• To simulate motion we collect a set of still frames of a rendered object being translated and rotated. These are played back to simulate the motion.
• The paths of motion may be defined using splines, equations, functions, etc.
• Some tricks used for doing animation are,
- Only drawing the part of the screen that is changing
- Blurring images for fast moving objects reduced the flicker.
- Alternating two pictures (double buffering). While one picture is being drawn, the previous picture is displayed.
• Buffer swapping gives smooth looking graphics by:
i) Swapping the screen with a memory block,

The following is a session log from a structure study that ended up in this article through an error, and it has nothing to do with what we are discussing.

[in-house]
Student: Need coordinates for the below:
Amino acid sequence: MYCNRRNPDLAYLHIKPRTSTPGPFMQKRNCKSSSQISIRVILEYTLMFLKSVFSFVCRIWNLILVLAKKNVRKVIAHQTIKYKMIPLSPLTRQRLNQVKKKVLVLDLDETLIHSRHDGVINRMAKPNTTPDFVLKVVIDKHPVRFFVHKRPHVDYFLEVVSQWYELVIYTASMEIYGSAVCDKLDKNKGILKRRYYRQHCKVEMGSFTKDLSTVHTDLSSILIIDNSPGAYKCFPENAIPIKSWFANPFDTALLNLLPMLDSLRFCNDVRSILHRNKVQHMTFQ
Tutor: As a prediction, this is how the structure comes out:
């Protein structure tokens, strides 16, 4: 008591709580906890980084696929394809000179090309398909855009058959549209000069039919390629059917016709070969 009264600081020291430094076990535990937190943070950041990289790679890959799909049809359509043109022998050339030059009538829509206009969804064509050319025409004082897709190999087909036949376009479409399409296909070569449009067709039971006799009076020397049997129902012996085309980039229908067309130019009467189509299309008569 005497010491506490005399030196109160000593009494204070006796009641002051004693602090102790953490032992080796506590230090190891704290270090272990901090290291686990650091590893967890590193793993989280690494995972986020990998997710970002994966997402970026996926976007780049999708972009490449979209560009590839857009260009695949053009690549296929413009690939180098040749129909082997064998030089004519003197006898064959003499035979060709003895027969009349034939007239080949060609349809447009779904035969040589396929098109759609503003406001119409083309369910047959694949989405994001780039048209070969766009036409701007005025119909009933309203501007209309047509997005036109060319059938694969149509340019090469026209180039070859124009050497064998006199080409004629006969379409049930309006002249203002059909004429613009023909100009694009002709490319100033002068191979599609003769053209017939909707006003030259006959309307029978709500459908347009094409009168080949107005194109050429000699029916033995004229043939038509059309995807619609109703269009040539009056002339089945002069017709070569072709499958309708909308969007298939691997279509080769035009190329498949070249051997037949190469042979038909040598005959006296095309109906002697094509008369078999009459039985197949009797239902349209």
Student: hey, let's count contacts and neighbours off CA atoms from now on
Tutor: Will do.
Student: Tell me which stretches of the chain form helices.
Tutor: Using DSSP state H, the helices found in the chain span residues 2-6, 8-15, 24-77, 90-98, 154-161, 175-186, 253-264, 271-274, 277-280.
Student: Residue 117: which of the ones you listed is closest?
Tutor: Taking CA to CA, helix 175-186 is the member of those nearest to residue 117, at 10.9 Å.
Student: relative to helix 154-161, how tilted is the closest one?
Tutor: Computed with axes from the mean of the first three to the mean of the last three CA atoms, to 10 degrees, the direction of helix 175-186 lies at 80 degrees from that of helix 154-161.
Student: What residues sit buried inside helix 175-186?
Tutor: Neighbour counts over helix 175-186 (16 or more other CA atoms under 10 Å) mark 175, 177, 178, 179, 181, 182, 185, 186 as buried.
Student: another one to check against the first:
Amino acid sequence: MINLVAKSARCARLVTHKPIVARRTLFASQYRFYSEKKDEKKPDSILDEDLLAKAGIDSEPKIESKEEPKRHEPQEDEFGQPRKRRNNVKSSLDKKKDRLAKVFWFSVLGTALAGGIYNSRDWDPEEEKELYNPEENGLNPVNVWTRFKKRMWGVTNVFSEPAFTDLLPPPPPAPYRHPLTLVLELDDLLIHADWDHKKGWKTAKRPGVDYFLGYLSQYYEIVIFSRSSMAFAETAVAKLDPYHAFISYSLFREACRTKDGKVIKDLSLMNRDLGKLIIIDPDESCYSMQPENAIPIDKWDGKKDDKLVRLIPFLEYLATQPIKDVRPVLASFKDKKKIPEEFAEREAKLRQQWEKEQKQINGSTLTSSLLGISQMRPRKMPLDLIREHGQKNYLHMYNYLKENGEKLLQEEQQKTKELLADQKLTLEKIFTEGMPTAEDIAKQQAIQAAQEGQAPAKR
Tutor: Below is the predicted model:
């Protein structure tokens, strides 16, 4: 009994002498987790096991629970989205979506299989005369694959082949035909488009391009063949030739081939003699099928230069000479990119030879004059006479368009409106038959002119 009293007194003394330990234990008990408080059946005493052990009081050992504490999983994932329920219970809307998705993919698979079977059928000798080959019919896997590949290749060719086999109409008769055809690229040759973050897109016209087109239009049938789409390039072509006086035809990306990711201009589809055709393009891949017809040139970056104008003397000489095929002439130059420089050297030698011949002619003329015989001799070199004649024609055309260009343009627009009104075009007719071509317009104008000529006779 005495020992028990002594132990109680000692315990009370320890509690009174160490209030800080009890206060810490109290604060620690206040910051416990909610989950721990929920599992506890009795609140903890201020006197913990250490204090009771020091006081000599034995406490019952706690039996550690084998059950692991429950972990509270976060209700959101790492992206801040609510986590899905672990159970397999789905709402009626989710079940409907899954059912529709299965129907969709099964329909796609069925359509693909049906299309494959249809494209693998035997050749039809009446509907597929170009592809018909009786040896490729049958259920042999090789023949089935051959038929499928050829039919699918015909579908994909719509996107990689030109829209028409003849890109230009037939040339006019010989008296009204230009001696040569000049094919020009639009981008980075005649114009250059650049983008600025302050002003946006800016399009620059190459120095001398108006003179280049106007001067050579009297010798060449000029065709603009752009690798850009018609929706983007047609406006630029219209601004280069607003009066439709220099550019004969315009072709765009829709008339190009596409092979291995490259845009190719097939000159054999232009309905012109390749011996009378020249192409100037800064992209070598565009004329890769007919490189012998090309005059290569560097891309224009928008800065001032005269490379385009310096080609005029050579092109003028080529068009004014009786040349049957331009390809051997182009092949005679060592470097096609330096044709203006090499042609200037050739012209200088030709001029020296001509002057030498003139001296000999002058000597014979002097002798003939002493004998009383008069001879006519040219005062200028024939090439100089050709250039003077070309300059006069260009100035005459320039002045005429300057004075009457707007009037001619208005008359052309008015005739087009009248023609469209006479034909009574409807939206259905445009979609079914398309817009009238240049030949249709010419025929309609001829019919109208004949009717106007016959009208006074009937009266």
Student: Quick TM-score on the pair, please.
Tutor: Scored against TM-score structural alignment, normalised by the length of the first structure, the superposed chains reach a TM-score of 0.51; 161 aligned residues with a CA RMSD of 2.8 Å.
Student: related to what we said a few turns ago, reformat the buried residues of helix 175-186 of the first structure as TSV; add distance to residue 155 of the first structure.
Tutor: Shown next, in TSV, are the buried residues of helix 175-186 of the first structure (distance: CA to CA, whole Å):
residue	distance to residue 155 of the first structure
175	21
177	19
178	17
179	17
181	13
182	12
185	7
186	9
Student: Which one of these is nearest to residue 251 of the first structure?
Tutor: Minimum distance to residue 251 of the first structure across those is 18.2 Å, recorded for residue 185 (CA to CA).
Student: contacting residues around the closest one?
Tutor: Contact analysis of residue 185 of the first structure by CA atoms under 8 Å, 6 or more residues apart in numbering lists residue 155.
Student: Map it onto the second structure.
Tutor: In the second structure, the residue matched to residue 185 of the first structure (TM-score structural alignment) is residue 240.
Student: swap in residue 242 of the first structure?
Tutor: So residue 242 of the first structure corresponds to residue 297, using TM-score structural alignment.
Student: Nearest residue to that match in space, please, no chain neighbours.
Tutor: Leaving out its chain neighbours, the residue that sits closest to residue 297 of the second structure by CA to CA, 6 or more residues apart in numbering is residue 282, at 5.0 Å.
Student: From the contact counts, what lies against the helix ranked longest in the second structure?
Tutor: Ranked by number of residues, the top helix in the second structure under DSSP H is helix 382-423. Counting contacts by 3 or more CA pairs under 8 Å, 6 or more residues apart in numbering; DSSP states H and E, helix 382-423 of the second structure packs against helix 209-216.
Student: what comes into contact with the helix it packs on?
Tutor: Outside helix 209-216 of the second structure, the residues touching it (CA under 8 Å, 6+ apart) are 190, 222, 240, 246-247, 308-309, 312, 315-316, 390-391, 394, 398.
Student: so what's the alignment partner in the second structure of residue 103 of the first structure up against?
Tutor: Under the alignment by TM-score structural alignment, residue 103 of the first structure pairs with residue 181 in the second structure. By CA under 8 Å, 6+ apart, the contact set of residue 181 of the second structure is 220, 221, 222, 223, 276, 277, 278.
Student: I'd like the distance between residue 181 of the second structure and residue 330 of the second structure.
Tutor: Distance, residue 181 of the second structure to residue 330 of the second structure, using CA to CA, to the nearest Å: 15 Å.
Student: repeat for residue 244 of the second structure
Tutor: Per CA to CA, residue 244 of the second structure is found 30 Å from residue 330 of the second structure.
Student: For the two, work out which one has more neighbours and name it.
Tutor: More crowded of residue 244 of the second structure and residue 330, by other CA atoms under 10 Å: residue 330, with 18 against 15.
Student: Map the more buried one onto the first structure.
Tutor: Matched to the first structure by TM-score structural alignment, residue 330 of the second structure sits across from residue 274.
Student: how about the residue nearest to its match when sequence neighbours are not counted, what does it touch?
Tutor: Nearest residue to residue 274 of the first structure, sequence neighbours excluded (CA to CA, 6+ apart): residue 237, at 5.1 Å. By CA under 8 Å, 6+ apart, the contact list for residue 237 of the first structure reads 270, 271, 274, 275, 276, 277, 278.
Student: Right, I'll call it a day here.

ii) Erasing the previous image (within a bounding box),
iii) Redrawing the image,
iv) Repeat the loop.
• When using interactive animations a program structure is required that separated user inputs from rendering.
• The first program loop examines inputs and user requests from the mouse, keyboard, etc. Based on these values we reset internal flags and registers.
• Based on the values of the internal registers the drawing is updated.
• During execution, the program loops through both of these operations, and thus provides a separation between simultaneous control, and display motion.
• With this architecture it is easy to add ‘real time’ control functions.